[ This post was written by Dr. Jim and Mary Clary. ]
When you enter the world of air rifles most folks are overwhelmed by the variety of models within each brand, not to mention the price range. To put things into a bit of perspective, let’s look at some general characteristics. Most air rifles range in weight from 5 lbs to 8.5 lbs, with velocities ranging from 600 – 1450 fps and prices from $65 to $1,600. No, that isn’t a misprint…. a top end Beeman air rifle sells for $1,600 bucks and change. If you are going to be a competitive shooter, there is no question that you would spring for the Beeman. However, for the rest of us who want an air gun for plinking and small game hunting, you don’t need to drain your bank account to get a good one.
Gamo is the largest producer of airguns in the world and have been in the business of making them since the 1950s. They now distribute their products in over fifty countries. With that kind of production and distribution, we decided that even though Jim and I are high-power rifle shooters, that it might be fun to “have a go” at an air rifle.
The Bone Collector Bull Whisper is a gas piston (IGT, Inert Gas Technology) break barrel gun. Thanks to the IGT the air gun has more velocity and does not have the vibration that other spring rifles make. The fluted polymer jacketed steel barrel Bull Whisper reduces the noise characteristic of most air rifles by more than 50%. This is a very positive feature for folks living in communities which have an aversion to loud noises, not to mention the advantage when hunting squirrels. The Bone Collector comes in 0.177 and 0.22 caliber. We decided on the 0.177″ for its higher velocity, upwards of 1,300 fps with PBA Platinum.
After a month of waiting, the rifle finally arrived. The Bone Collector Bull Whisper is a lot better looking than most air rifles and the synthetic stock does not detract from its appearance. In fact, knowing that we were going to take it into some very unfriendly country with lots of rocks and fallen trees, a tough polymer stock will be more advantageous than a wood stock…. no worries about dings, chips or scratches.
Not wanting to wait for a day at the range, we took it out back and set up a target in front of our barn. We quickly determined that like most guns, it does not like all brands or weights of pellets. The Gamo PBA Platinum pellets at 5.2 grains shot very well at 25 yards and easily penetrated the 3/8″ wafer board backing our target. Hence, switched to 1/2″ board to prevent any more holes in the barn. The 6.8 grain Gamo PBA copper-plated pellets were all over the paper. They simply would not group. However, at the slower velocities out of our future son-in-law’s air pistol, they were incredibly accurate. He now has a good supply of these for his plinking.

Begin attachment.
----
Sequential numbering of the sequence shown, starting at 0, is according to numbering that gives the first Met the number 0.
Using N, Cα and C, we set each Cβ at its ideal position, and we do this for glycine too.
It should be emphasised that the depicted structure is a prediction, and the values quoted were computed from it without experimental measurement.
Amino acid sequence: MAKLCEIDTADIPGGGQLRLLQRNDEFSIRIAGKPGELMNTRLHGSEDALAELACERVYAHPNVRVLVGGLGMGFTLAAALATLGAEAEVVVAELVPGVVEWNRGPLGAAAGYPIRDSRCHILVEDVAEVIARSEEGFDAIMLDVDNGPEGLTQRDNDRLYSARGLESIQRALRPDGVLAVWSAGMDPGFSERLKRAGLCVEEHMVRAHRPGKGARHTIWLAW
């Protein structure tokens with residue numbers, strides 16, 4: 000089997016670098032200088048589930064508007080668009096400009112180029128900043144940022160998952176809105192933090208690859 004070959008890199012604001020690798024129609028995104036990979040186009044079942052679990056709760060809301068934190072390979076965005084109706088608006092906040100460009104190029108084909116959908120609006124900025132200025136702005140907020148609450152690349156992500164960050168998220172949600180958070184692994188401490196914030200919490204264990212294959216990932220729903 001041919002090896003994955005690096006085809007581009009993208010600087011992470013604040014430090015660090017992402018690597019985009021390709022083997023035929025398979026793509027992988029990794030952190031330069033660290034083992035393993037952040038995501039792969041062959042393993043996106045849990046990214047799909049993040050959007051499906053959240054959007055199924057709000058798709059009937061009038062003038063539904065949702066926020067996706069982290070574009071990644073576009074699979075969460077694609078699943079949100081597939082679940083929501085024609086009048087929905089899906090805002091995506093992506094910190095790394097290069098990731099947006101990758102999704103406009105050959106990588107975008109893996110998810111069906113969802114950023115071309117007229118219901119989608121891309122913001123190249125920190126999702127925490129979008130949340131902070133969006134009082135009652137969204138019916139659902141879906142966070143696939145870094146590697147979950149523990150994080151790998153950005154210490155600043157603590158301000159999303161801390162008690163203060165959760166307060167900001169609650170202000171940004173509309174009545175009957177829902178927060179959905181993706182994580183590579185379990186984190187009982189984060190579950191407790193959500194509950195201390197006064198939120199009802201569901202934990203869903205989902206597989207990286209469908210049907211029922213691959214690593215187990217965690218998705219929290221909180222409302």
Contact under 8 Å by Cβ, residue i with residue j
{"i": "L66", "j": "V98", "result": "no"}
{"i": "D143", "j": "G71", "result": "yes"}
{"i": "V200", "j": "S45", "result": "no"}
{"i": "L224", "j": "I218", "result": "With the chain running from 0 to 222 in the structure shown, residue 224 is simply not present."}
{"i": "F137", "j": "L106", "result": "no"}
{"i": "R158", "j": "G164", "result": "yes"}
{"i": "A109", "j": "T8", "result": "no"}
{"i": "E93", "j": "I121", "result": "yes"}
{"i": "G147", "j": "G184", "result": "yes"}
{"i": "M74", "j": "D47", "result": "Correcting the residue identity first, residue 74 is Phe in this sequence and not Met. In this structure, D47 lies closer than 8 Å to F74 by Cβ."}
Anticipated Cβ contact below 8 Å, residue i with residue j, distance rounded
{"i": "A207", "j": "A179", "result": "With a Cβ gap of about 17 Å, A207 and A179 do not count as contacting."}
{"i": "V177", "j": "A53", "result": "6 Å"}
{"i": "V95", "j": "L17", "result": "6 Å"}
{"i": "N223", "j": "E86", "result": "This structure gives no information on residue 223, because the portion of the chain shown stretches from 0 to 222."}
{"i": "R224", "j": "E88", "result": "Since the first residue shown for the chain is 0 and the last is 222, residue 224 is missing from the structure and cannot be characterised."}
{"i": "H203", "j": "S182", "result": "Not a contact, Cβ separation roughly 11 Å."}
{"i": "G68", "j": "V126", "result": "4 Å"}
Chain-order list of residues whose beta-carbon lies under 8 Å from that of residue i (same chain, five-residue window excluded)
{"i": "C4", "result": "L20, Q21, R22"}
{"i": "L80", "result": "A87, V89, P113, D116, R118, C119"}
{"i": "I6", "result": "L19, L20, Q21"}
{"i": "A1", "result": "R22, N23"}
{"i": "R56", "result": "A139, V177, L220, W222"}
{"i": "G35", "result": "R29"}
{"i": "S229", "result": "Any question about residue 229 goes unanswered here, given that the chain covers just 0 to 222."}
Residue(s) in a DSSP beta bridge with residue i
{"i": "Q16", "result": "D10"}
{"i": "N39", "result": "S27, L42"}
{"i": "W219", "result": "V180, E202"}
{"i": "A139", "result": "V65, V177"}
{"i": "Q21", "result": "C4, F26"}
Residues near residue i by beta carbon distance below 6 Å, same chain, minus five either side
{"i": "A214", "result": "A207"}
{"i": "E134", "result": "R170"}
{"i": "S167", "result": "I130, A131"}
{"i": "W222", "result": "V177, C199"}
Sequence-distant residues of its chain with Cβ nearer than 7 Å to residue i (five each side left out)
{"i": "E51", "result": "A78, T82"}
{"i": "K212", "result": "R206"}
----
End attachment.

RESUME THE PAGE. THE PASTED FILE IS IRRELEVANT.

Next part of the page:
We picked up a tin of Gamo 7.9 grain Red Fire hunting pellets at our local sporting goods store and began shooting them. Now these were just what the doctor ordered. Not only did they group well at 25 yards, but penetration into the wafer board backstop was excellent. There is no question that these pellets, and the PBA Platinum are more than adequate for squirrel, rabbits and small varmints. We would not recommend these for coyote or wild hogs. I know that some folks have taken wild pigs and coyotes with the Bone Collector Bull Whisper and other air guns; however, just because you can do something, doesn’t mean that you should. A well placed 22 LR will take down an elk, but it is more likely to wound or anger the animal, instead of resulting in a clean kill.
As with all air rifles, the wind is a major factor when it comes to accuracy. Anything above a light wind will adversely affect your accuracy past 10 yards. However, on a calm afternoon, Jim was able to put eight Platinum pellets into the “bull” at 25 yards. He obtained similar results with the Gamo Red Fire pellets. Final conclusion, the Bone Collector Bull Whisper, in the hands of an experienced shooter is a “tack driver”.
Although the SAT, smooth action trigger isn’t target rifle quality, it is more than adequate for a hunting and/or plinking air rifle. Out of the box, it had a 4 lb pull. After turning the adjustment screw it’s maximum, we got the pull down to 3.25 lbs. The two stage trigger is relatively crisp, but could be improved if Gamo were to replace the plastic blade with one made of metal.
– Ammunition: Any .177 Pellet
– Caliber: .177
– Length: 44.6
– Barrel Length: 19.2 in
– Trigger Pull: 3.74 lbs
– Cocking Effort: 32 lbs
– Weight: 5.28 lbs
– Velocity: 1300 feet per second (fps) with PBA Platinum
– Break Barrel: IGT (Inert Gas Technology) Single Cocking System
– Automatic Cocking Safety system
– Manual Trigger Safety
– Barrel: Bull Whisper Noise Dampener. Fluted Polymer Jacketed Rifled Steel
– Trigger: Two stage adjustable SAT (Smooth Action Trigger)
– Stock: Durable All-Weather Green Synthetic with Dark Grey Rubber grips
– Twin Cheek Pads for ambidextrous shooting
– Butt Plate: SWA (Shock Wave Absorber) Recoil pad with up to 74% recoil absorption
– Rubber grips on grip and fore end
– Scope: 4×32 GAMO VFLC 4X32 WR Air Rifle Scope
– Gamo Standard Reticle
The Bone Collector Bull Whisper has an MSRP of $289.95, which is a very reasonable price for a quality hunting air rifle. We both recommend this as a fun gun to shoot which is more than adequate for small game. You could spend more or spend less, and still wouldn’t have an air gun as nice as the Bone Collector. We are looking forward to hunting squirrels with it in the fall and any prairie dogs that happen to venture into our back pasture (their holes are hazards for horses).